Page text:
Date of Graduation


Document Type


Degree Type



Eberly College of Arts and Sciences



Committee Chair

James Siekmeier

Committee Co-Chair

Kenneth Fones-Wolf

Committee Member

Mark Tauger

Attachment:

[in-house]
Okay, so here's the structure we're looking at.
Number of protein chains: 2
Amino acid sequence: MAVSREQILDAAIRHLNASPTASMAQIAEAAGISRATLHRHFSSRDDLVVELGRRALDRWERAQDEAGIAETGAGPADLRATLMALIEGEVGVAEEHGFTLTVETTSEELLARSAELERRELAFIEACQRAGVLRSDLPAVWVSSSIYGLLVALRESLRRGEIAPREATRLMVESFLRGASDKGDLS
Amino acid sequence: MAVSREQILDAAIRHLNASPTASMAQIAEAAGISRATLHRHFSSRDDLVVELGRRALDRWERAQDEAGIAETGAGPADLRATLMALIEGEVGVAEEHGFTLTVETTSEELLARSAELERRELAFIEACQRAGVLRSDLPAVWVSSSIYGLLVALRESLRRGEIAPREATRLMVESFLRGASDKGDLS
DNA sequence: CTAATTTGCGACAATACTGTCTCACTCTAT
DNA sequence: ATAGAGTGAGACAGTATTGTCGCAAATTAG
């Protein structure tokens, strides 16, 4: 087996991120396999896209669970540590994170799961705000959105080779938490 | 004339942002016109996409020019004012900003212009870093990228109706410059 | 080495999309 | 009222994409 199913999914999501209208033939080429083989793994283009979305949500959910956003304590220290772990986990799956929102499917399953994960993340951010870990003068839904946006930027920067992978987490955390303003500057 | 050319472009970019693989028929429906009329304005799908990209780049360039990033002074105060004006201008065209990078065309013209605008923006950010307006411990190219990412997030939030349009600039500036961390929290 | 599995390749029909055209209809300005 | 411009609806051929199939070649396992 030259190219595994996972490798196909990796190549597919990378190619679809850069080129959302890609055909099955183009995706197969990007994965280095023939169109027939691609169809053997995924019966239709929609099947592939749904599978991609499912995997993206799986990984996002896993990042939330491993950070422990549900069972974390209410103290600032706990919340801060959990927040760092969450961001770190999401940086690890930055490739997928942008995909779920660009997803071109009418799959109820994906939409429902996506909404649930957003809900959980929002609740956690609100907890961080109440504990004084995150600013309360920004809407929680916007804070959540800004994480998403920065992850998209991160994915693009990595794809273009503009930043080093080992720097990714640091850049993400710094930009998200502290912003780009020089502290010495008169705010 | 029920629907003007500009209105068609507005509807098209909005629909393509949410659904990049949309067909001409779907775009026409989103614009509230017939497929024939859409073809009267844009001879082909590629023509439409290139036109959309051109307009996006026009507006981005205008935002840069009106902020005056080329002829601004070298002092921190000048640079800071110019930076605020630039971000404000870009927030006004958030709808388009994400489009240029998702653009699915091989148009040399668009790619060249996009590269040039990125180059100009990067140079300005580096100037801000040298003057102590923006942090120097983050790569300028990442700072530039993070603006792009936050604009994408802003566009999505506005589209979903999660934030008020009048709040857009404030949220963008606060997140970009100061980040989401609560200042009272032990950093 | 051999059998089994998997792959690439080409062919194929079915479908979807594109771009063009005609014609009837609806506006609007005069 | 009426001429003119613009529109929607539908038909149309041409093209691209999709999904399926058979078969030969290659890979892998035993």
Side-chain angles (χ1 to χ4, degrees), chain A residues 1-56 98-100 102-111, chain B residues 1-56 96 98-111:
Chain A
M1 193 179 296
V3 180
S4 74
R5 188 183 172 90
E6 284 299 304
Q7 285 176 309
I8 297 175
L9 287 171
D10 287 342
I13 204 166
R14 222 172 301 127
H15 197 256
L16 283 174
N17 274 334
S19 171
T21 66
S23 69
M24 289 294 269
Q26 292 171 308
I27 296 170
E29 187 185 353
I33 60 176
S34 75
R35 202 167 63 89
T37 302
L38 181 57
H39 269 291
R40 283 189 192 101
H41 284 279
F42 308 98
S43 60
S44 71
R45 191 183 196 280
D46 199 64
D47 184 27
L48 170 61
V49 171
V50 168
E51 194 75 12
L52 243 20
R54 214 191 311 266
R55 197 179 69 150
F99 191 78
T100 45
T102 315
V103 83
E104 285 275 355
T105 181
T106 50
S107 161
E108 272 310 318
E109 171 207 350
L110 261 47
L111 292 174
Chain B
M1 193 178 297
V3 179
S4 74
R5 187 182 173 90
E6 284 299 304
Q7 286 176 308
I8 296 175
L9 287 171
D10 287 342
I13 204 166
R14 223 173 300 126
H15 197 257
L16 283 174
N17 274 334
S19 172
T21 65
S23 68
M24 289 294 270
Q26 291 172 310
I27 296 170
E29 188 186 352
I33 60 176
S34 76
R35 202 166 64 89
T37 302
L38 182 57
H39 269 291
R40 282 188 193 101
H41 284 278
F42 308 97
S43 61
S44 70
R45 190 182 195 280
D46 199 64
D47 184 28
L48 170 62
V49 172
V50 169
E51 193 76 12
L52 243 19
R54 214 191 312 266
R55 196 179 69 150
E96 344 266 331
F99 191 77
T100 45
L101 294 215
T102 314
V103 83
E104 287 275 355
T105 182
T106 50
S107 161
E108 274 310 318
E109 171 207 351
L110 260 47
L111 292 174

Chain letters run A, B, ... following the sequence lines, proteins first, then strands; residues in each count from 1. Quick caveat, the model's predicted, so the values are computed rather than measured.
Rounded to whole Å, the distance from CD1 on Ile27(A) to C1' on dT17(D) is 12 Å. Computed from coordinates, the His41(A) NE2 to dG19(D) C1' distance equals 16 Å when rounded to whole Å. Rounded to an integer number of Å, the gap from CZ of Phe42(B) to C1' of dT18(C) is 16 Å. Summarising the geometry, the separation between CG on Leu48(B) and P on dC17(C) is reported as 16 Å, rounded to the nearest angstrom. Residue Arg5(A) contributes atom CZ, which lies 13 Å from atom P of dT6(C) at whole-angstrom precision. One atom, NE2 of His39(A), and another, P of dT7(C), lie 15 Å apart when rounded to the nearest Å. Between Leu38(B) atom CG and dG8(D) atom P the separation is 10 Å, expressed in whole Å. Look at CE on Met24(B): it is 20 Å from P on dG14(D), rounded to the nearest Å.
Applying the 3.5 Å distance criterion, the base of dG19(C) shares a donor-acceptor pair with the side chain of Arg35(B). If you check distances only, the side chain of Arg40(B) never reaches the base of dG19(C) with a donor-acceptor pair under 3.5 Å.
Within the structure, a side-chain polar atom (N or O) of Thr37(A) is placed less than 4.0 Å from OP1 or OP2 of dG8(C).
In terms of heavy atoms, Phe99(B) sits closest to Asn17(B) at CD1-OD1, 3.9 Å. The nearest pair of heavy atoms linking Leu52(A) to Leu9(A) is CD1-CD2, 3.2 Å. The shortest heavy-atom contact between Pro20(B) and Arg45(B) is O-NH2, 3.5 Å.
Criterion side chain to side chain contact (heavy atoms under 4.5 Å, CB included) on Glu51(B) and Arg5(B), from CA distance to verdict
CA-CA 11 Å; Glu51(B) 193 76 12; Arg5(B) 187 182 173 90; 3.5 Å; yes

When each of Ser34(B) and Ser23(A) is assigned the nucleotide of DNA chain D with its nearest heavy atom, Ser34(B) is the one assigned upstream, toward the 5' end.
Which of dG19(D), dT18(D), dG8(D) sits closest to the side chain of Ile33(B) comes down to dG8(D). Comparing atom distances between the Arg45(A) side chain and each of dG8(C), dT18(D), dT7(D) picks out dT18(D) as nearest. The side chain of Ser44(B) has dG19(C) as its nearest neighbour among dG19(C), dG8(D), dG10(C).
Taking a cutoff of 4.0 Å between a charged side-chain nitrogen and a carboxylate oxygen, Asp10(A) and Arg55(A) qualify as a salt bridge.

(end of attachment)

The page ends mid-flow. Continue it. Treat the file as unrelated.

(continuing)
The principle objective of this paper is to compare how modernization theory was implemented during the Alliance for Progress and the War on Poverty and to explore how this impacted power structures at the national level in the Alliance and the local level in the War on Poverty There have been some earlier works which have addressed modernization theory during the Alliance for Progress, including Michael Latham's, Modernization as Ideology, however most information about modernization theory itself comes from W.W. Rostow's work, The Stages of Economic Growth, and Rostow and Millikan's, A Proposal. During the War on Poverty, President Johnson also utilized modernization theory; though current scholarship focuses primarily on specific War on Poverty programs, such as Frank Stricker's, Why America Lost the War on Poverty---And How to Win It, or on the War on Poverty in specific areas of the country, such as David Whisnant's, Modernizing the Mountaineer .;While much work has been done about why the Alliance and the War on Poverty failed, there has been little looking at the connection between the two or how modernization theory impacted the making of policy. I seek to explore the relationship between these two programs and how modernization theory was put into practice in each. In this paper, I argue that due to the way in which modernization theory was used to enact both the Alliance for Progress and the War on Poverty, traditional power structures were strengthened ensuring that, in the Alliance, the goal of creating democratic governments was never reached and in the War on Poverty, the attempt to include the poor more fully in the decision making process was never attained. Additionally, I argue that the very policies which were intended to bolster the democratic process instead led to a resurfacing of dictatorships throughout Latin America and a doubling down by political machines within the local governments affected by the War on Poverty, in order to more firmly hold onto power.